Monday, December 24, 2007

"if" is always in the middle of "life"

That little nugget came from yesterday's sermon by pastor Kevin Cosby at St. Stephen Church.

He started off with excerpts from It's a Wonderful Life, illustrating the potential impact of one man's time on earth. He added historical examples: for instance, what would have happened if Lee won at Gettysburg? Then he told the (apocryphal?) story-- and related the famous rhyme-- about the French losing a battle to the English because...

For want of a nail, the shoe was lost;
For want of the shoe, the horse was lost;
For want of the horse, the rider was lost;
For want of the rider, the battle was lost;
For want of the battle, the kingdom was lost;
And all for the want of a
horseshoe nail.

Then, Rev. Cosby focused on what would have happened if Christ had never been born. Much has been said and written about this topic-- and more broadly, the impact of the Church for ill and much moreso for good. But it was good to be reminded again about the glorious impact of Christ in arenas as varied as art and the printing press.

Rev. Cosby focused on the historical-- and that's fine. If I had been preaching, I would have made at least passing reference to the coming of the Holy Spirit and the vastly underestimated (and under-utilized) ability for Christians to live the Spirit-filled life. Pointing to the Spirit's coming, Christ said that it was better for His disciples that He would "leave" the Earth (allowing the Spirit to come).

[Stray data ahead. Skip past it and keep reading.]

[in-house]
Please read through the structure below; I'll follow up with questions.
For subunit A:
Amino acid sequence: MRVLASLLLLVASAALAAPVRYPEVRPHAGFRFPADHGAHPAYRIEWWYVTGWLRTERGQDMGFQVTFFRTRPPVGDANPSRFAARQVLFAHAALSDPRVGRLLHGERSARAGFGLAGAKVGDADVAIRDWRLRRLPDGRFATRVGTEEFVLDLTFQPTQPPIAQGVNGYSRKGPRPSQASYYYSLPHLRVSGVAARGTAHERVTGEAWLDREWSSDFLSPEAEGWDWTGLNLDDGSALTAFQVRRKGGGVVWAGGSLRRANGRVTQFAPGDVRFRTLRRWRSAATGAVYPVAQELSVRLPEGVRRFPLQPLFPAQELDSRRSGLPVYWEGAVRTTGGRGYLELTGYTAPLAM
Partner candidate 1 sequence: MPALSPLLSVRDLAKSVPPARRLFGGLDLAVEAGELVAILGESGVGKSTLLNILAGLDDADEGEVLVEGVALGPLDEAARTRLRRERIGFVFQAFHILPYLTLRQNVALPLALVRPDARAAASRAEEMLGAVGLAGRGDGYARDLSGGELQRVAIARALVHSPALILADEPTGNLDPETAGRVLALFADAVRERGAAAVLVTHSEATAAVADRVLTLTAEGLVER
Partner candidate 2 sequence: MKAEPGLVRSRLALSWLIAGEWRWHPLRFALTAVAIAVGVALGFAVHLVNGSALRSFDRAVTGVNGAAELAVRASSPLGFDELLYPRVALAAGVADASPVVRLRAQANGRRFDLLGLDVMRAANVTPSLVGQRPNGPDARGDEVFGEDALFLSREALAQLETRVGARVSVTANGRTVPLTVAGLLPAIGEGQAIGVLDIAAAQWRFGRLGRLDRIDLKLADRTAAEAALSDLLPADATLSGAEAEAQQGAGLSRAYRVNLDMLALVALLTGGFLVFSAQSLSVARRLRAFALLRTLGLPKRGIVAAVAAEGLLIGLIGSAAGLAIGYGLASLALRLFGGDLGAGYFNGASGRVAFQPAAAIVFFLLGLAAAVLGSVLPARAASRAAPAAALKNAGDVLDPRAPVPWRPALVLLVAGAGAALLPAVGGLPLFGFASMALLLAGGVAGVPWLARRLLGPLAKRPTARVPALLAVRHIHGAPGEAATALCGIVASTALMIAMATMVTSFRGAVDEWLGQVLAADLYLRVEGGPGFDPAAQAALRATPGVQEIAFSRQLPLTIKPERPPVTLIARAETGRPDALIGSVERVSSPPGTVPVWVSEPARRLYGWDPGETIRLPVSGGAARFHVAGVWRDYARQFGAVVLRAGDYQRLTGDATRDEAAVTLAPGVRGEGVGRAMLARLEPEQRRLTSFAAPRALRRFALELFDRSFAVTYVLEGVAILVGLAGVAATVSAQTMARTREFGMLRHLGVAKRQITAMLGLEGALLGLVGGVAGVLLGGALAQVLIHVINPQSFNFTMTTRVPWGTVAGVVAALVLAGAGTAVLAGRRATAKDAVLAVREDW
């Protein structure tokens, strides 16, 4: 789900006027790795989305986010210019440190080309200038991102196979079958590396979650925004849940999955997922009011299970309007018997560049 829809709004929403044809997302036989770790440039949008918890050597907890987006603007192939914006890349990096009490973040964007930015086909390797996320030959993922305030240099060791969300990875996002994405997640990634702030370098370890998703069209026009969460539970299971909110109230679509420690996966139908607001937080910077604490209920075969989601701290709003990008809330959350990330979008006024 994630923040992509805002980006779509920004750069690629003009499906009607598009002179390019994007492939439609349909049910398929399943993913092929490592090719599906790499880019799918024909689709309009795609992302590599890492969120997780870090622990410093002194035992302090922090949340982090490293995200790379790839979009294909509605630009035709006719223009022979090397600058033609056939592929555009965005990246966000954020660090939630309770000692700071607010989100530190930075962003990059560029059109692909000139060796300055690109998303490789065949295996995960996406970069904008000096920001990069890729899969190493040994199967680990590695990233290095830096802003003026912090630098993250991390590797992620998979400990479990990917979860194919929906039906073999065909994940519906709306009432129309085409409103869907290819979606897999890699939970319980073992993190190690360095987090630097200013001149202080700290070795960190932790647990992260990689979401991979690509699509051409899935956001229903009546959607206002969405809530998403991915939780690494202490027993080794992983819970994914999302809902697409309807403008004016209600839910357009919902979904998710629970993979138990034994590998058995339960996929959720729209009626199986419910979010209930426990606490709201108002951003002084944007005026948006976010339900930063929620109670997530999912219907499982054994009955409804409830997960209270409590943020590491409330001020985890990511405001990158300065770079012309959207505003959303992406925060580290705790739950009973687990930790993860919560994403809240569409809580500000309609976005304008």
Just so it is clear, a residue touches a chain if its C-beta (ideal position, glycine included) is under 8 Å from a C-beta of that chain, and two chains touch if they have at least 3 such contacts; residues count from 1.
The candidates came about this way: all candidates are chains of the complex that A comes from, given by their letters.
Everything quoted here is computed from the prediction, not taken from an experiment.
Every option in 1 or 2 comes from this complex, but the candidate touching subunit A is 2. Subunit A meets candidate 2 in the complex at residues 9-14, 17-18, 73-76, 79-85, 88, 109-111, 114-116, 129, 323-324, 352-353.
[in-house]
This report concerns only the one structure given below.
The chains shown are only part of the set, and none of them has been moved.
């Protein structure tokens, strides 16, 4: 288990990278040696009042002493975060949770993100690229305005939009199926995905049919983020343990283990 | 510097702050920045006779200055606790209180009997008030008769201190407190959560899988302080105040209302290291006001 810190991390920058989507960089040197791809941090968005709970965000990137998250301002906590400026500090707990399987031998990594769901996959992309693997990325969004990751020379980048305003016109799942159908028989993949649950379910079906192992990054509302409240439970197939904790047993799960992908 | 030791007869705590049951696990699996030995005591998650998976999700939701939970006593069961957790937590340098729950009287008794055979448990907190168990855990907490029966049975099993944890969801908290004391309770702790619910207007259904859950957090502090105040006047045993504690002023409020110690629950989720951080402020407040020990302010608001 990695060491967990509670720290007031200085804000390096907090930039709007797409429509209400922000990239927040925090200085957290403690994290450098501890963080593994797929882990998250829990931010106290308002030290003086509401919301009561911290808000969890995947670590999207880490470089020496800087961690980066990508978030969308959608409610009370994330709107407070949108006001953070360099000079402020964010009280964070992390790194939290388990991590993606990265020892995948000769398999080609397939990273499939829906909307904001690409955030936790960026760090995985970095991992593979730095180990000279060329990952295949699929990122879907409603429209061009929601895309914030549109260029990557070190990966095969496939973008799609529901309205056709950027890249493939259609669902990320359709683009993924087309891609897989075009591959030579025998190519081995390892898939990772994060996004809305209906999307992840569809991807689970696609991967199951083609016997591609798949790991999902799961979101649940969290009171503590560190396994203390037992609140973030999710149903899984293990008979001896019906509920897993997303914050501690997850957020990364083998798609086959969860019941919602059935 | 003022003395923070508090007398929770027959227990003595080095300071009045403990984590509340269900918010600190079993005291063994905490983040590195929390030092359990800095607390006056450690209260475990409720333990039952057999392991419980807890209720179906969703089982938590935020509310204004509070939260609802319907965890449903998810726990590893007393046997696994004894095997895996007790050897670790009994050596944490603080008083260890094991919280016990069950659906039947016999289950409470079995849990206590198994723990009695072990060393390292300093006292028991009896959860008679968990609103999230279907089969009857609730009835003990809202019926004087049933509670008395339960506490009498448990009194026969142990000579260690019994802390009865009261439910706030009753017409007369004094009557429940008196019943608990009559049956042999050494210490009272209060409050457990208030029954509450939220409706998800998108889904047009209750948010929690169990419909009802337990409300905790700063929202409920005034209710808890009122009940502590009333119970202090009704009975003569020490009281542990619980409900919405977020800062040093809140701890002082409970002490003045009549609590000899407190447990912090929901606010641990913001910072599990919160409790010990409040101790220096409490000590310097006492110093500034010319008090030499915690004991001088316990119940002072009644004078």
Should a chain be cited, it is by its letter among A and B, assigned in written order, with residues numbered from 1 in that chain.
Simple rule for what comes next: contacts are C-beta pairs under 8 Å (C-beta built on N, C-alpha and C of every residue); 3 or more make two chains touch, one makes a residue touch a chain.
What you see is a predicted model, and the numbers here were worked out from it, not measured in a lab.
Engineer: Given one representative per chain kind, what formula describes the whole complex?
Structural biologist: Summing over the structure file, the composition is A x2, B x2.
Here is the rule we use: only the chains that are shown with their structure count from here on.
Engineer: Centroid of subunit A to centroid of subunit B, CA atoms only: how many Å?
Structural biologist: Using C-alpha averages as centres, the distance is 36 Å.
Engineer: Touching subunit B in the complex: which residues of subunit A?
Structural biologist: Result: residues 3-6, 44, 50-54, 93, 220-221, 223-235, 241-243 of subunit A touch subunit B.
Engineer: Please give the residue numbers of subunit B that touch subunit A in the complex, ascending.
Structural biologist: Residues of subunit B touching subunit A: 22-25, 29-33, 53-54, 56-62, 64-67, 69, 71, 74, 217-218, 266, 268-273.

One follow-up thought: Often, we can't tell which of our decisions are trivial and which are profound in their impacts. Many people want to "know God's will" for parts of their life. Typically, these are bigger decisions where "the right choice" is difficult to discern-- whom should I marry, where should I work, and so on. In teaching on this topic, I often note that such decisions seem large to us-- but in God's economy, they may be equivalent to the difference between choosing chicken or tuna for a sandwich. Cosby's point prospectively turns this on its ear: ironically, my choice of sandwich meat could have a larger impact than my decision on where to work! In any case, the punchline is the same-- regardless of the short-term, long-term and eternal impact of any given decision, my duty is to make the best decision I can for the glory of God and in service to man.


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